Radioactive materials have a variety of uses. One such material is californium, a synthetic element named for the state of California, where scientists first produced it.
What Is Californium?
Californium is a chemical element with atomic number 98. The symbol is Cf. It is a radioactive metal; scientists also classify it as an actinide.
Californium does not naturally exist on Earth. It was first synthesized in 1950 at the University of California by bombarding elements of curium-242 with helium ions in a cyclotron. It was the sixth transuranium element that scientists discovered.
There is evidence that supernovae may produce californium isotopes. But those isotopes probably decay due to a relatively short half-life before traveling far from the source of the explosion. Thus, it is highly unlikely that californium will be found in nature in a usable state.
Even in the scientific community, scientists didn’t provide californium in usable quantities until 1958, when they synthesized a larger amount through prolonged neutron irradiation of plutonium-239. Twenty isotopes have since been reported, although californium-237 and 238 have not been fully confirmed. Most have a short half-life, with the longest being californium-251, which has a half-life of 898 years and decays into curium-247.
How Do We Make Californium Today?
Californium is now made through nucleosynthesis. Californium-250 is made from berkelium-249 after it captures a neutron to form berkelium-250, which has no commercial use.
Californium-252, the most useful isotope with a half-life of 2.6 years, is made through a complex process that starts by fabricating curium oxide pellets in long aluminum tubes. A neutron flux then bombards them to trigger beta decay, which creates a probabilistic mix of Cf-252 and other actinide elements. Producers can then purify and separate the Cf-252.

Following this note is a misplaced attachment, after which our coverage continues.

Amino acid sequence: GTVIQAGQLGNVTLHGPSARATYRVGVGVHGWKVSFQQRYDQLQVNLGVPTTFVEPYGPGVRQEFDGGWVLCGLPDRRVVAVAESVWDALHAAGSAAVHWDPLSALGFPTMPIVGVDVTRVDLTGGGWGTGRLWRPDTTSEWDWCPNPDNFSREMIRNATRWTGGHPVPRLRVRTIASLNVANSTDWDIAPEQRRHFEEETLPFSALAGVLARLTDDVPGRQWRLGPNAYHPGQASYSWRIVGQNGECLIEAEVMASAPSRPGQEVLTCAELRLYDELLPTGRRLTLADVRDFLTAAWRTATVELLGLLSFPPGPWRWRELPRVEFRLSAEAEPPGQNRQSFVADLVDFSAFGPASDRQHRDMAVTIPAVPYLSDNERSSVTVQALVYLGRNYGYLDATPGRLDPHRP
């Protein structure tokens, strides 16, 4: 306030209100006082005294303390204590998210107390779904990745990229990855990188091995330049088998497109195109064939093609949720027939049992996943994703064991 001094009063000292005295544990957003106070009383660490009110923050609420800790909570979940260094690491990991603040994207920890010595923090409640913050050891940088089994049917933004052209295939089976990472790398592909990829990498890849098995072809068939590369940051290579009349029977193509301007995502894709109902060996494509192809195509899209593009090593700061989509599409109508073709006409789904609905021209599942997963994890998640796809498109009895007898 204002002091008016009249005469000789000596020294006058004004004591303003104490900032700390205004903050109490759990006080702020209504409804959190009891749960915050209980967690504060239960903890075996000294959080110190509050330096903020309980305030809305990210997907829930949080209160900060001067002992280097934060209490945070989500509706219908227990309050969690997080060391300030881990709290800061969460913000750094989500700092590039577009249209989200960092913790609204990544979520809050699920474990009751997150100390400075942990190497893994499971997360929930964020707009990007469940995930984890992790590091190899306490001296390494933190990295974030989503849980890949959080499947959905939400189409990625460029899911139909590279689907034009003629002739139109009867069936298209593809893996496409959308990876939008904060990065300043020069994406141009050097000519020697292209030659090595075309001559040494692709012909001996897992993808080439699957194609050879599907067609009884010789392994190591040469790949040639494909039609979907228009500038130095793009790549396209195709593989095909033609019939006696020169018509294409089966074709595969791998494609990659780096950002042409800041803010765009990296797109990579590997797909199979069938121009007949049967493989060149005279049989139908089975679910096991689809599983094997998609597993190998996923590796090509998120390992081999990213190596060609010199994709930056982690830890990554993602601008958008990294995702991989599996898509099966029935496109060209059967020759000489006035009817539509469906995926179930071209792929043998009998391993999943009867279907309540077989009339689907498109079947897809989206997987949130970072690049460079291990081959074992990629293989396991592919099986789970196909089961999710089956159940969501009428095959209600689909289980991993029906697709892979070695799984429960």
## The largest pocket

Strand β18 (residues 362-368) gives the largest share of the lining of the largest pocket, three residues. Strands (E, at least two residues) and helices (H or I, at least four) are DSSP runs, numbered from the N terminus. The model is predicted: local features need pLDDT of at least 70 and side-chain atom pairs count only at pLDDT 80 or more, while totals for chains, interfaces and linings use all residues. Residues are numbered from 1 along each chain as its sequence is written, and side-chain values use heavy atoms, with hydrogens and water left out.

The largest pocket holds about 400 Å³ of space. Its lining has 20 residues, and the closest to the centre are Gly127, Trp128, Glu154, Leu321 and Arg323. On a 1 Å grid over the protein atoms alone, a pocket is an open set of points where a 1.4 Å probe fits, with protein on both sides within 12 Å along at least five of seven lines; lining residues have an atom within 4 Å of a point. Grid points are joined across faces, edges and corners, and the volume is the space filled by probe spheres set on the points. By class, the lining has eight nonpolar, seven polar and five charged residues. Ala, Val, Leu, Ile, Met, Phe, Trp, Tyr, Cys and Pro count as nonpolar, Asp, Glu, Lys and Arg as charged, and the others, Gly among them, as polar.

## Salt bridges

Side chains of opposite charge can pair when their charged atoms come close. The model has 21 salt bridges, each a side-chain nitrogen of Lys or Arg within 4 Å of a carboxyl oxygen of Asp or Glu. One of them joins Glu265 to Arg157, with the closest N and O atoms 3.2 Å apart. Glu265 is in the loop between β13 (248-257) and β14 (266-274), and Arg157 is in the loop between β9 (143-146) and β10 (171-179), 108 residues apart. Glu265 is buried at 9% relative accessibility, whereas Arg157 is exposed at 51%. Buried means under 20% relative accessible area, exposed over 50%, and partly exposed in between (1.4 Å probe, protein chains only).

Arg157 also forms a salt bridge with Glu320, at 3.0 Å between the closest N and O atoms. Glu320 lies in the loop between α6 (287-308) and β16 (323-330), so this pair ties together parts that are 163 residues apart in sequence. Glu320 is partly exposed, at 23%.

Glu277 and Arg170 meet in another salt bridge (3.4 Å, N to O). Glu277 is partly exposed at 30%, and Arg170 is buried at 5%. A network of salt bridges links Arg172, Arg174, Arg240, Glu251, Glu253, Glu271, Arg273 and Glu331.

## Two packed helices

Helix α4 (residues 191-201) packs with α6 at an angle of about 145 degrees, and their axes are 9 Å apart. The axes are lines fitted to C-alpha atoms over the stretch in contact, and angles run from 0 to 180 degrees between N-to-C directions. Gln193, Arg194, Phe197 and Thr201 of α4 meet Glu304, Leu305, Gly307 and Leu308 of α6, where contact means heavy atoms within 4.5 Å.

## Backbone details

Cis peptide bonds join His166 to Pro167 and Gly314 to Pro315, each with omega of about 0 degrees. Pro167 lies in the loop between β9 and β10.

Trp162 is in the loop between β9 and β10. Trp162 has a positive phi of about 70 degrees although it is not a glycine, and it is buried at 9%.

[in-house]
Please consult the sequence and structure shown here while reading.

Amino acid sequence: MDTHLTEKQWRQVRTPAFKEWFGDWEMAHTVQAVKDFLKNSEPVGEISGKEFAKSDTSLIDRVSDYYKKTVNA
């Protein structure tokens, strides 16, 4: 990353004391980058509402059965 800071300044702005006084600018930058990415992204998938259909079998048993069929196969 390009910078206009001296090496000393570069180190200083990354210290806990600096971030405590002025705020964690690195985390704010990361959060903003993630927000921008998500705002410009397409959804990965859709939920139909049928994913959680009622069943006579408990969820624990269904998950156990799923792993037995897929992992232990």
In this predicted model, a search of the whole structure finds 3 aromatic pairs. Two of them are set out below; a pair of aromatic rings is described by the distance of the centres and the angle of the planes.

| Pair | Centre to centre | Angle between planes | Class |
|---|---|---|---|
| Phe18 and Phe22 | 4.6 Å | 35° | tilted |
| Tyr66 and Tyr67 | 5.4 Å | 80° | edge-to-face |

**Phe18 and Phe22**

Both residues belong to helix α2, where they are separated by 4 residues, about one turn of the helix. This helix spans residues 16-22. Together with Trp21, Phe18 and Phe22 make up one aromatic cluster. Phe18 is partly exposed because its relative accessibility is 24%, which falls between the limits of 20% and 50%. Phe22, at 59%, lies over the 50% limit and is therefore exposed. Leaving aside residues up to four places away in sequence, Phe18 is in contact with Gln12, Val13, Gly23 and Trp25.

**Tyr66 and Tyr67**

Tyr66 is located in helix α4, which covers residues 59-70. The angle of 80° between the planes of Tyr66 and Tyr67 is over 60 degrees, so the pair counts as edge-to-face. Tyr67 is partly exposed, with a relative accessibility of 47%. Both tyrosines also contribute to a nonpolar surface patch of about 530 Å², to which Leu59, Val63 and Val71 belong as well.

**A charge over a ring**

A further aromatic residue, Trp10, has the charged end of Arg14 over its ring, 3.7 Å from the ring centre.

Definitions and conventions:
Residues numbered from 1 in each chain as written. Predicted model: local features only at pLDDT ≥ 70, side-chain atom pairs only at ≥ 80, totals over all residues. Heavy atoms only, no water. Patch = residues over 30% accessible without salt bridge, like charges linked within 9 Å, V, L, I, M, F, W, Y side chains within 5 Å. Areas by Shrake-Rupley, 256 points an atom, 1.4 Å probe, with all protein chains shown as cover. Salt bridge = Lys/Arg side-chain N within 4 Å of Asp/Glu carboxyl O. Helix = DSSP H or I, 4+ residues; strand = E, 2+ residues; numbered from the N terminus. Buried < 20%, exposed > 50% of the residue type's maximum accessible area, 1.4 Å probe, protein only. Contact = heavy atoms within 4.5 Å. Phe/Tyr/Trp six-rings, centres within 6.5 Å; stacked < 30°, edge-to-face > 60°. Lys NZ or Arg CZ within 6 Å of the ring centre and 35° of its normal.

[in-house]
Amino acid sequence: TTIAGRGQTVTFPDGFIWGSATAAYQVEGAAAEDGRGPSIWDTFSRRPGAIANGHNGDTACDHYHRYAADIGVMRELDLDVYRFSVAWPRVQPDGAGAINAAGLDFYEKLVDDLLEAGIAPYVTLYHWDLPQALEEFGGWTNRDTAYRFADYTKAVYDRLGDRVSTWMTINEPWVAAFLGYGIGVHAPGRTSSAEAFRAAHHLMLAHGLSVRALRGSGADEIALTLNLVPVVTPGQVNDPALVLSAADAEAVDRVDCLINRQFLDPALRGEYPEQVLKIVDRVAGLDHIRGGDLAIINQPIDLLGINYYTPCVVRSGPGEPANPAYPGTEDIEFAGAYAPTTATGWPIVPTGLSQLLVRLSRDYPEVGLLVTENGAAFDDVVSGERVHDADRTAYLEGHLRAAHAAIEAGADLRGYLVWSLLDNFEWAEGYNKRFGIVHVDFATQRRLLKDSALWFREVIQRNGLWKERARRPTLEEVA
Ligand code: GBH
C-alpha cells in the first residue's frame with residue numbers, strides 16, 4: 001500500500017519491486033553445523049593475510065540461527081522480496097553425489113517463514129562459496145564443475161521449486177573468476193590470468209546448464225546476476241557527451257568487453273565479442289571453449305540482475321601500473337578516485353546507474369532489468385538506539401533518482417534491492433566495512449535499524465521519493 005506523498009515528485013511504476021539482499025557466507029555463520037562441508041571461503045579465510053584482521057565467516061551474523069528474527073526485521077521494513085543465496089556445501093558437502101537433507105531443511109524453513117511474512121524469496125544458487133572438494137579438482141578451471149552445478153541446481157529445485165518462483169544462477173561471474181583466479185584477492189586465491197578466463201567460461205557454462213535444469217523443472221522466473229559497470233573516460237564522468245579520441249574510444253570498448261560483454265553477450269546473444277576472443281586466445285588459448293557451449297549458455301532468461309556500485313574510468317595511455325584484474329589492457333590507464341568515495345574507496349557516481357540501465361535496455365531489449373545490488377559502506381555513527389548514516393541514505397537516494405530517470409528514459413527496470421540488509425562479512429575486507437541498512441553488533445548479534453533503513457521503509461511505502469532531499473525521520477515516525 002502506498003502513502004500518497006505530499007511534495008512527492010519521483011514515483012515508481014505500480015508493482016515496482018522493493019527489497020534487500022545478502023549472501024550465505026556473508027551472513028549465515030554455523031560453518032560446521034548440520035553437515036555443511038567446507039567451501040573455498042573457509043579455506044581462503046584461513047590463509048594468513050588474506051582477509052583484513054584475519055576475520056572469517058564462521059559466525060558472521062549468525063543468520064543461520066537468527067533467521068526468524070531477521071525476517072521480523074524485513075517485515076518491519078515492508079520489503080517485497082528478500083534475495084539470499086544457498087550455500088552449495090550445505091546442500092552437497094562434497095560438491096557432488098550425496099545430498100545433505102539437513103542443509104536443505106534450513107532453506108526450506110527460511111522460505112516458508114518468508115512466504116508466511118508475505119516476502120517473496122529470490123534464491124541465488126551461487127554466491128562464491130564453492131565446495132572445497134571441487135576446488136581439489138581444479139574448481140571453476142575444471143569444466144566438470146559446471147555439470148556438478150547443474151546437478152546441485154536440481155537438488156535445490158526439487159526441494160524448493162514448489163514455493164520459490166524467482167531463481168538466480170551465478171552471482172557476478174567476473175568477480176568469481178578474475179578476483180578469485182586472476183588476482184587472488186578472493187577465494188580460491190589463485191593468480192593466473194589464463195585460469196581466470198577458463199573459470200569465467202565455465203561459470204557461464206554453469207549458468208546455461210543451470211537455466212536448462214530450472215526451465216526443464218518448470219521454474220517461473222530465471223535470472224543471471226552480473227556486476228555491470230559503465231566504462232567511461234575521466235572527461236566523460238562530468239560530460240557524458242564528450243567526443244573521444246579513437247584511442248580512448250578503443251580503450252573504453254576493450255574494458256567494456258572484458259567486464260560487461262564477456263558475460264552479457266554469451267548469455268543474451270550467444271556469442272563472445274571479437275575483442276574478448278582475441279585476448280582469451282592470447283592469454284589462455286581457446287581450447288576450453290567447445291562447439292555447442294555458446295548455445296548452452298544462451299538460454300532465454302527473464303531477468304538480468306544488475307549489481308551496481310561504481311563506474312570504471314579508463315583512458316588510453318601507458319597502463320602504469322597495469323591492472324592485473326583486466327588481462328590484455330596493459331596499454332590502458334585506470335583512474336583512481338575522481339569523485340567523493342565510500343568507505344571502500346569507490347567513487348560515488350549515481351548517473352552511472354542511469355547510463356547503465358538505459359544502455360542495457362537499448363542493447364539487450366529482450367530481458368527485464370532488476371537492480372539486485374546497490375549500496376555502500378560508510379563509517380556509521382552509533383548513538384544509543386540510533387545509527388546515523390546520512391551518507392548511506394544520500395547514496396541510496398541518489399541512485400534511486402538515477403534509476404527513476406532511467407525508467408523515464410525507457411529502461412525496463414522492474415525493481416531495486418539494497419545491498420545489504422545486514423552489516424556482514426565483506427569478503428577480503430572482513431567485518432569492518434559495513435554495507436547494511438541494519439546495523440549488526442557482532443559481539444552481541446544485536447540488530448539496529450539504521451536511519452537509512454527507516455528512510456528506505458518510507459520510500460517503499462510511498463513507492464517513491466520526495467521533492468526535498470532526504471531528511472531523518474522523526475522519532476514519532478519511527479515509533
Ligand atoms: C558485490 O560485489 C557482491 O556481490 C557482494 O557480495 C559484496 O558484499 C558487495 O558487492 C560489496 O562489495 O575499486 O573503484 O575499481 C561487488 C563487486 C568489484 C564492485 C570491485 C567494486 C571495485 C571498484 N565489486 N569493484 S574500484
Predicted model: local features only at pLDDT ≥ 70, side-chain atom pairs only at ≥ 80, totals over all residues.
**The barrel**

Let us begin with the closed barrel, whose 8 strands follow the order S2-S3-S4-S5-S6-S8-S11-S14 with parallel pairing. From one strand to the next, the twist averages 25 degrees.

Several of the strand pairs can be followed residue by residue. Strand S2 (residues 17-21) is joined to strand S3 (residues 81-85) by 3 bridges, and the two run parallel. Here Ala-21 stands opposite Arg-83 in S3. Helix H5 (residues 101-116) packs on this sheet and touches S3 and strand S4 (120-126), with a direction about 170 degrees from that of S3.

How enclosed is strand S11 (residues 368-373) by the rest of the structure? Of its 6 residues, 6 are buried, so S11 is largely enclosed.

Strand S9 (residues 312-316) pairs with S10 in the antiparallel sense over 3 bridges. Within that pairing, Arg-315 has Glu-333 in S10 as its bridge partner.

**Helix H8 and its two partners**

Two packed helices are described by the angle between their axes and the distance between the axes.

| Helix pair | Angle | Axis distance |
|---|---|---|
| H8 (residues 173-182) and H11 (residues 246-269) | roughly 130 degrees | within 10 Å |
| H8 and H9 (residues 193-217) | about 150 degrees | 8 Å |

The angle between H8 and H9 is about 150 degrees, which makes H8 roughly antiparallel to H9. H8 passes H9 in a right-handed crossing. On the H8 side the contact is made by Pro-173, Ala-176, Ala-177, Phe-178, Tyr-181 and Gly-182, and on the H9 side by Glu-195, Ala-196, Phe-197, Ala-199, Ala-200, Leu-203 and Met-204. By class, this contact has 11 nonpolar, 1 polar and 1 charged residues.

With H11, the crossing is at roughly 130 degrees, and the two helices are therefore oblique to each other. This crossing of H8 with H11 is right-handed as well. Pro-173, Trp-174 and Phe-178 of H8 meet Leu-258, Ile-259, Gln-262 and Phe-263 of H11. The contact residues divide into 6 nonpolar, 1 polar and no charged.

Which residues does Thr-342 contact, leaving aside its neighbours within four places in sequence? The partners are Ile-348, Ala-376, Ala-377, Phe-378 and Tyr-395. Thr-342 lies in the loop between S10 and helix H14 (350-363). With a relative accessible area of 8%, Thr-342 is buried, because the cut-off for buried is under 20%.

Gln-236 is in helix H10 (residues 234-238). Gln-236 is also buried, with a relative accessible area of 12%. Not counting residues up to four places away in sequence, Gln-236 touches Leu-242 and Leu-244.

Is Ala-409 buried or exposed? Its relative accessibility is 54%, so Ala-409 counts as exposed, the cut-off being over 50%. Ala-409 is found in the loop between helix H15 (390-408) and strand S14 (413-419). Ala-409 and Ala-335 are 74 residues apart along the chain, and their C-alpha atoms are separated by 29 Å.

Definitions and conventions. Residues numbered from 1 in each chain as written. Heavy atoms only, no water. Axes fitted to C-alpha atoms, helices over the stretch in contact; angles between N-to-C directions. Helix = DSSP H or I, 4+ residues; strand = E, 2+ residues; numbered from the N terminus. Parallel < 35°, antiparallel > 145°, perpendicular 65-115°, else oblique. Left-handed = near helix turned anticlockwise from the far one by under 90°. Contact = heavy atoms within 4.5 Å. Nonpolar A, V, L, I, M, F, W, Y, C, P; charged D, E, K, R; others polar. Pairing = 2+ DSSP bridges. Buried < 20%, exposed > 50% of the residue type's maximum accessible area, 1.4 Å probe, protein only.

However, all of this has to be done in hot cells with extreme protection. It also generates a lot of waste and by-products. Because it’s so complicated, companies are researching ways to create Cf more efficiently.
Is Californium Dangerous?
Yes! Californium is dangerous because it is a strong neutron emitter, and some isotopes also decay by emitting alpha radiation. This means that even low doses of californium can be carcinogenic. It is important to use proper safeguards if handling and working with californium.
How Is Californium Used?
Californium has a variety of uses at present:
In Nuclear Reactors
The Oak Ridge National Laboratory produces californium-252 in east Tennessee, the site of the world’s first continuously operating reactor. It plays a vital role in modern nuclear power plants, but it might not be what you think.
When nuclear fuel goes to a new site, it does not have enough neutron flux to safely initiate the chain reaction required for sustained power. This is where californium-252 comes in. As a strong neutron emitter, it acts as a primer to start the reaction. Once the reaction starts, there is no further need for Cf-252.
Without Cf-252 or some other strong neutron emitter, it is not possible to bring a new plant online. Any expansion of nuclear power thus requires a supply of these elements. The navy also uses Cf-252 to start up naval reactors on ships and submarines.
Dormant reactors also require a neutron source to restart them, which is fairly common in naval uses. This may also lead to uses for larger nuclear reactors used in space applications, such as to power settlements on the moon and Mars.
Mars, in particular, may require extensive nuclear energy infrastructure since long-term use of solar power has proven problematic. Current space applications use plutonium-238-based RTGs, which essentially act like nuclear batteries.
It also helps to activate fission in a small sample of nuclear fuel for quality testing. Finally, it can help scan fuel rods for cracks, which may compromise the safety of a reactor. This means that californium plays a key role in the ongoing maintenance of reactors in small quantities. However, be careful not to confuse it with nuclear fuel (although it is a fissionable material). It is too difficult to produce or store and has too short a half-life to be a practical fuel.
Doctors use Cf-252 in brachytherapy to treat certain cancers, such as cervical and brain cancer. It is less commonly used than other isotopes because it is more challenging to make and synthesize. However, neutron brachytherapy has fewer side effects and complications, so it is likely to expand in use in the future. But more research needs to be done, and the expense and complexity of creating californium is an ongoing obstacle.